DeBroff says it is never too early to start teaching children a foreign language. When most parents are concerned only with comprehension of English, they fail to understand just how incredibly children's brains function. "The earlier children start learning a second language, the better, even as early as 1 year old," she says. "Many teachers and linguists recommend starting the language learning process as soon as possible, even before children become verbal in their first language. Even though children are not speaking at that point, they are actively absorbing and processing language."

Read more:

Aug 18, 2010

Cow's milk in the mommy's diet can cause colics in infants?

Give your baby a gentle tummy massage  
The one food that is the most common offender in causing problems with sensitivity and allergies is cow's milk. That's why it's the first food you should work on reducing or eliminating if you suspect your baby has a food sensitivity. It may take ten days to two weeks to eliminate cow's milk protein from your diet, so wait at least two weeks before you decide whether cow's milk is the problem.

The problem with cow's milk is the protein, which is difficult for babies to digest, not with the lactose. Human beings are not born lactose intolerant, unless they are born with a rare metabolic disorder. Lactose intolerance is caused by a deficiency of the enzyme lactase, which breaks down lactose (milk sugar) so it can be easily digested. Mammals are born with this enzyme in their intestines. As they grow older and wean, the lactase enzyme decreases. That's why lactose intolerance rarely shows up in humans before age 3, since that's the average age of weaning (if that shocks you, check out the article on "Weaning".) Lactose intolerance is more common in Asian and African adults.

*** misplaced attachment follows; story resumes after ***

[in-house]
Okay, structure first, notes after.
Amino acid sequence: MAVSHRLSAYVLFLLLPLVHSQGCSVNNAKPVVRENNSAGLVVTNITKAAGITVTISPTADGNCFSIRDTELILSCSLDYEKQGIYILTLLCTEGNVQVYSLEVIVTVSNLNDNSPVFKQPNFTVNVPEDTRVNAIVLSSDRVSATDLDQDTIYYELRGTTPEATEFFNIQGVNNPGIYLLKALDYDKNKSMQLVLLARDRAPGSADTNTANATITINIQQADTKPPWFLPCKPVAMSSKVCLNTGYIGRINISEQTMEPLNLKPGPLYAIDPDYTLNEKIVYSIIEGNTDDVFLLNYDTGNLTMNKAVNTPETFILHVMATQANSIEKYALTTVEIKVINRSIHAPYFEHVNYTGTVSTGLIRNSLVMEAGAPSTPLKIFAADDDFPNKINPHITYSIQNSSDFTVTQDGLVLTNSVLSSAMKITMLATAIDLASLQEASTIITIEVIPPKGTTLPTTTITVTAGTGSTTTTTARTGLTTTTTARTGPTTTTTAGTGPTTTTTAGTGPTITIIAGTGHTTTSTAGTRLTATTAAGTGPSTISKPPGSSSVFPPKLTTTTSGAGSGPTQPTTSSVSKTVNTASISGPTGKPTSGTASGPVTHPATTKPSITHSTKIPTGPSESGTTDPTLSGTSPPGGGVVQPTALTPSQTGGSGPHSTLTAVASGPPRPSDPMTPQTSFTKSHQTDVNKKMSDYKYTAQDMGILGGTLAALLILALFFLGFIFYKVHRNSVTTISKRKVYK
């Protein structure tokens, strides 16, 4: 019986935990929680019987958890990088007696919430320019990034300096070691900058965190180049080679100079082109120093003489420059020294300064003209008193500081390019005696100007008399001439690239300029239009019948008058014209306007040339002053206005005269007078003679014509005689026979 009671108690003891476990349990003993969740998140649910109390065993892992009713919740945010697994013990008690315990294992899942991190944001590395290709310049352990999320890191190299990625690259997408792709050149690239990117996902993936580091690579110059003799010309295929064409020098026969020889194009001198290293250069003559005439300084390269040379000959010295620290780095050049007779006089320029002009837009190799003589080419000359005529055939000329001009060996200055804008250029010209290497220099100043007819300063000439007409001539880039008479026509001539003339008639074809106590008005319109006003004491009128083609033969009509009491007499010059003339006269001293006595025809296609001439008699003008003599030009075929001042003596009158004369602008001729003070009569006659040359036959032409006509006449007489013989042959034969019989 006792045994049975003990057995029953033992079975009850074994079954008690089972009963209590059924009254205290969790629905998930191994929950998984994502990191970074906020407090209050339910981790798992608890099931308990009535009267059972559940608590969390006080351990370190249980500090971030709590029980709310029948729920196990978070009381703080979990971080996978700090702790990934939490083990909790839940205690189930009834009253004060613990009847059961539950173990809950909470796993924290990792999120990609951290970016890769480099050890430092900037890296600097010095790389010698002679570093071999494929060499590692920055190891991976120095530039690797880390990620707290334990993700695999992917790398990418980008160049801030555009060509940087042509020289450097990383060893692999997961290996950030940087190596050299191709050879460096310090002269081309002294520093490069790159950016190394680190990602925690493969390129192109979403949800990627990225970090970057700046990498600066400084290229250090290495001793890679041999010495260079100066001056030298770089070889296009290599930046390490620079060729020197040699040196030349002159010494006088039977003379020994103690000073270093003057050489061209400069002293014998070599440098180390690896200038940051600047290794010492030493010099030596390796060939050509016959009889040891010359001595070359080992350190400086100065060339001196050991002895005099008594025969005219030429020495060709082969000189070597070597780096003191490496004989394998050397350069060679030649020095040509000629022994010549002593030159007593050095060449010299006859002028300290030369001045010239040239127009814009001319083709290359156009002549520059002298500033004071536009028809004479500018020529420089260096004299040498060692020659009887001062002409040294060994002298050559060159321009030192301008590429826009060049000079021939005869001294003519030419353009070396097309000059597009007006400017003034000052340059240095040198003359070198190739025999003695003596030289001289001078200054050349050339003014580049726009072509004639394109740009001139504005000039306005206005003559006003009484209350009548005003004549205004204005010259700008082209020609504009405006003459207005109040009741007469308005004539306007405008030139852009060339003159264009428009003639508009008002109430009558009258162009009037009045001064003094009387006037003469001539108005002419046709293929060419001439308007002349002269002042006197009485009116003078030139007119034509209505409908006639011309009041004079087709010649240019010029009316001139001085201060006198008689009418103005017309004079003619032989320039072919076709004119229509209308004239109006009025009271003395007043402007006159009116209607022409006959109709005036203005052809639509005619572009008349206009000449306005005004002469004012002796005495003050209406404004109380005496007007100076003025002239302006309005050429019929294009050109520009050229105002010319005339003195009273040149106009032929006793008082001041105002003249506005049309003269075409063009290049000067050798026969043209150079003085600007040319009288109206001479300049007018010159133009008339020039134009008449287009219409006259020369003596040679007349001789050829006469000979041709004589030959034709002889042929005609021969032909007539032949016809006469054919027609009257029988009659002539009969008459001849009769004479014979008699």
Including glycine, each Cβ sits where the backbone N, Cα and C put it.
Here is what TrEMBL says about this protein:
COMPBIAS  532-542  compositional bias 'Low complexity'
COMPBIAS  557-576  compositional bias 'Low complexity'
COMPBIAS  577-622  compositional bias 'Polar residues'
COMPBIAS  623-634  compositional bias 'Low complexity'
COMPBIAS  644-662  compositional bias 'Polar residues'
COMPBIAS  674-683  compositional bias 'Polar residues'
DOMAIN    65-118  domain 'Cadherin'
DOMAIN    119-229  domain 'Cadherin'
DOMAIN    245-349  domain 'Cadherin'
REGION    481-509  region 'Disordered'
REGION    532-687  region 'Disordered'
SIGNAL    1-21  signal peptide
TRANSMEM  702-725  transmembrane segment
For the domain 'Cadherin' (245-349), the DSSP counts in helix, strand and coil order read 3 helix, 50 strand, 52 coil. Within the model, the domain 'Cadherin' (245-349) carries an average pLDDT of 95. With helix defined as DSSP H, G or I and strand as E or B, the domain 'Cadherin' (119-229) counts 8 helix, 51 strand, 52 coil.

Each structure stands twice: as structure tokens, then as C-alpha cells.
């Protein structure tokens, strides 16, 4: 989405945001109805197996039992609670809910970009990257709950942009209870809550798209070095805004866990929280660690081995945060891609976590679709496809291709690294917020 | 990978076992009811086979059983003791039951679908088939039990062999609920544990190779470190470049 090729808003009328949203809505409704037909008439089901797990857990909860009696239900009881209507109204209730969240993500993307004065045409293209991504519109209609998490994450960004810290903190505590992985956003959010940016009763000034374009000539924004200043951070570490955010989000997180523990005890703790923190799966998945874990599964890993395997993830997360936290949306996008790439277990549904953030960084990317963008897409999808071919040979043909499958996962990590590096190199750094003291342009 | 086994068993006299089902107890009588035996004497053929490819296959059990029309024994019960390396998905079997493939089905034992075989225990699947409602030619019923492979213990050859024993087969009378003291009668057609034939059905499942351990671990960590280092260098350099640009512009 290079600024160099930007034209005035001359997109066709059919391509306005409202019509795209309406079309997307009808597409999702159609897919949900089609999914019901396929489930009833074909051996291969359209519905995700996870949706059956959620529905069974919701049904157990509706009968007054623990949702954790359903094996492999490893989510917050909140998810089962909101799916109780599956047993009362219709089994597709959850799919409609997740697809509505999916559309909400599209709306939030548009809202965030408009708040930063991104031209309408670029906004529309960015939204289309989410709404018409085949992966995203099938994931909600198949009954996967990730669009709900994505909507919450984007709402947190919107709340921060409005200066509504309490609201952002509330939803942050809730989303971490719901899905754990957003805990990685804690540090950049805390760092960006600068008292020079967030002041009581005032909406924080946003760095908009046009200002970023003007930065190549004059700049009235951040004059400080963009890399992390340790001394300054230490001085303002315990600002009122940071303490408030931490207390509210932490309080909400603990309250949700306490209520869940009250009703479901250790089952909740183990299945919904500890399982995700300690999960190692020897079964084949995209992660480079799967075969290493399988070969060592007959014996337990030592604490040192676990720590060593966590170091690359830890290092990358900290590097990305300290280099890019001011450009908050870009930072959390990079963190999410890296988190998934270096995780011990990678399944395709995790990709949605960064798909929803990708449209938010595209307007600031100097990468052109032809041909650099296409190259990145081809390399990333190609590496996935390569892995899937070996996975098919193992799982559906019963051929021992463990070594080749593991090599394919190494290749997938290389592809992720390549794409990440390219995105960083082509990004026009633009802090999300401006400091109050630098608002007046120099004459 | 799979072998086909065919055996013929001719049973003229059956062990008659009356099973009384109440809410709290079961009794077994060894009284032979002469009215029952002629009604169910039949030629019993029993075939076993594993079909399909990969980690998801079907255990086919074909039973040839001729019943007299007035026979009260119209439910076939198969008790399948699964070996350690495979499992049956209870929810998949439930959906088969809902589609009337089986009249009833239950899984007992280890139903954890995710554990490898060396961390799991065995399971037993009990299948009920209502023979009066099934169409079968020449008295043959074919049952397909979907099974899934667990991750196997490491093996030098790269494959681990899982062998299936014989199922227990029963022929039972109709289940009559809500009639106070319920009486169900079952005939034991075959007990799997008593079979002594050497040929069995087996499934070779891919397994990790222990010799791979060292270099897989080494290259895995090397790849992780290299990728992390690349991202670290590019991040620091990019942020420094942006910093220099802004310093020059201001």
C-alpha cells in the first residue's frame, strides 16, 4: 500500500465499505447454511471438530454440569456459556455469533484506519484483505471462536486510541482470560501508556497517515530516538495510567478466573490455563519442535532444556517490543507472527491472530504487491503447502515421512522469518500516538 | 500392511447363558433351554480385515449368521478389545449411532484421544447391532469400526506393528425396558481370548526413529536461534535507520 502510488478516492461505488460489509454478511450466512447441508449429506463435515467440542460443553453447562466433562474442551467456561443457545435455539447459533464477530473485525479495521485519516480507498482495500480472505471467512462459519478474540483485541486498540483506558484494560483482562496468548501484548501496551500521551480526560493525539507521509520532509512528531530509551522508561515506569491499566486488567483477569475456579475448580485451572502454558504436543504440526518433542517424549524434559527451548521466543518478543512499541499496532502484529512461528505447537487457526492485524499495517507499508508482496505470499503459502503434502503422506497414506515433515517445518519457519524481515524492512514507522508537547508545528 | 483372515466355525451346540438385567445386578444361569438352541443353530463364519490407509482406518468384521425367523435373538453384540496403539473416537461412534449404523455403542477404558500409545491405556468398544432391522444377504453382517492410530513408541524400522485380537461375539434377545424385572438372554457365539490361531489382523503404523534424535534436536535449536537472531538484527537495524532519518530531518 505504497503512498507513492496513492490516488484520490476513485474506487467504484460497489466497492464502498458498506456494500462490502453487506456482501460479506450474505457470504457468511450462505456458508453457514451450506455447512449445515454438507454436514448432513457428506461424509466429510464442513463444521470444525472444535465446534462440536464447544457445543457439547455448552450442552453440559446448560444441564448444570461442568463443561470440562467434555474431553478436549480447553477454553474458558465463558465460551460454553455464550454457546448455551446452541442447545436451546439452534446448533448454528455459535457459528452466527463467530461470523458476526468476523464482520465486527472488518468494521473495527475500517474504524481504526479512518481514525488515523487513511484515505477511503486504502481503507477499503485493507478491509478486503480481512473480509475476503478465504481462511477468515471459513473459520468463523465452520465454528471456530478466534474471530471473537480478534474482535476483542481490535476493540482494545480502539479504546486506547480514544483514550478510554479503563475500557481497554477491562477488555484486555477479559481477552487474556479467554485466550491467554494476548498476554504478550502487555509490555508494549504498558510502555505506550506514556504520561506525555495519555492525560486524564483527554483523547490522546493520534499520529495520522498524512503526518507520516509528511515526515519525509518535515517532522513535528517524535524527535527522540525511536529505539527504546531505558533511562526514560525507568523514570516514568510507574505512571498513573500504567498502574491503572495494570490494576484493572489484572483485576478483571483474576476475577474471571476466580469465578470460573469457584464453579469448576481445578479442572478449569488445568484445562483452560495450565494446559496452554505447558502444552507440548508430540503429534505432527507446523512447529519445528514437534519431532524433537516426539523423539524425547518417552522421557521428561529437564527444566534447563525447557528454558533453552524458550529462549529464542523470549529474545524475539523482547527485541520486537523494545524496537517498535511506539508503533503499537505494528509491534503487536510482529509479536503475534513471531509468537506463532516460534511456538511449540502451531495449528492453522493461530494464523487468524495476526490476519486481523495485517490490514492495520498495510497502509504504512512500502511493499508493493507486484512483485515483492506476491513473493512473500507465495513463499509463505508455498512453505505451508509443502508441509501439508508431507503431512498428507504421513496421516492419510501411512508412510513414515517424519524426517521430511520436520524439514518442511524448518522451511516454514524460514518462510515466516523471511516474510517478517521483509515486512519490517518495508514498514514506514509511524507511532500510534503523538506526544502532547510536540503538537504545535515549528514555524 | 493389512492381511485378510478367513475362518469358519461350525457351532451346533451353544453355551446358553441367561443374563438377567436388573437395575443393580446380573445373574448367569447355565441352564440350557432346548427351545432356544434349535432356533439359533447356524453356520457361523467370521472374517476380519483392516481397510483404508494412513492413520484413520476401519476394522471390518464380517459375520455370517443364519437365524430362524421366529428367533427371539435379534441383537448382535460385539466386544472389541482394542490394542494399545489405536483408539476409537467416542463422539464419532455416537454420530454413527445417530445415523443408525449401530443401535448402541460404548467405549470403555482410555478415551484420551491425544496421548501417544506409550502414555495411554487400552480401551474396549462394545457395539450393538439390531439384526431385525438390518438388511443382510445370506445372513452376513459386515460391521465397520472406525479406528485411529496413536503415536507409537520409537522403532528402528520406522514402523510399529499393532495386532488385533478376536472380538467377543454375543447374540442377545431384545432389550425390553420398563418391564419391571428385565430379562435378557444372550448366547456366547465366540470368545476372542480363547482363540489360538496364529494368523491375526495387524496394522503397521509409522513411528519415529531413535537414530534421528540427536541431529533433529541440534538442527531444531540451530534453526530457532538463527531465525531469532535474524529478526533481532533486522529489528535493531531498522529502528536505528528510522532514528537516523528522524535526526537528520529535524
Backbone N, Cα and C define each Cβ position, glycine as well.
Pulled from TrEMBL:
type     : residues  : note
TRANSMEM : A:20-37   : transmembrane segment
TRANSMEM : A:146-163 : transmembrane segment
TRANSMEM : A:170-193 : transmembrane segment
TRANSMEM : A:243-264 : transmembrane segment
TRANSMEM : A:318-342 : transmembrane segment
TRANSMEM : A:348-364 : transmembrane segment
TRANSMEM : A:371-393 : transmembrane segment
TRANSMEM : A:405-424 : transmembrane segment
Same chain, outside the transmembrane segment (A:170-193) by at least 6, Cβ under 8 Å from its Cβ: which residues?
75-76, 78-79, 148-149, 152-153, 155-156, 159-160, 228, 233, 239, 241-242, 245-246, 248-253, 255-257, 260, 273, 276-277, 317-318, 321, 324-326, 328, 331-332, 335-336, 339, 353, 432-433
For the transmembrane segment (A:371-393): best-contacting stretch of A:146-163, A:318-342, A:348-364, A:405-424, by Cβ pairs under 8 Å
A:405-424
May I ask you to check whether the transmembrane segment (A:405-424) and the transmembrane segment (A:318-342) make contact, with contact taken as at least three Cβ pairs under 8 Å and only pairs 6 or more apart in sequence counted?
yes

The proteins in cow's milk are primarily caseins, which are harder to digest than whey
proteins, which are more prominent in human milk. The proteins in cow's milk pass into your milk, and can cause digestive problems for your baby. These proteins can even sensitize your baby before birth if you drink lots of milk during your pregnancy. If you decide to reduce or eliminate dairy products, remember than processed milk presents less of a problem than whole milk.

You may be able to continue eating yogurt and cheese while cutting back or eliminating milk. Since milk and milk products are important sources of calcium, be sure to calcium from other sources, such as broccoli, nuts, spinach, and canned salmon. Taking a calcium supplement would be a good idea if you are limiting your intake of dairy products. You need about 1,000 mg of calcium each day if you are between 18-50 years of age, whether you are lactating or not. While nursing mothers do lose some bone mass during lactation, by the time your baby has been weaned for a year, this lost bone mass in not only completely restored, but research has shown that women who breastfeed have half the risk of bone fractures as women who never breasted, and the longer you nurse, the lower the risk. Breastfeeding actually protects you from osteoporosis.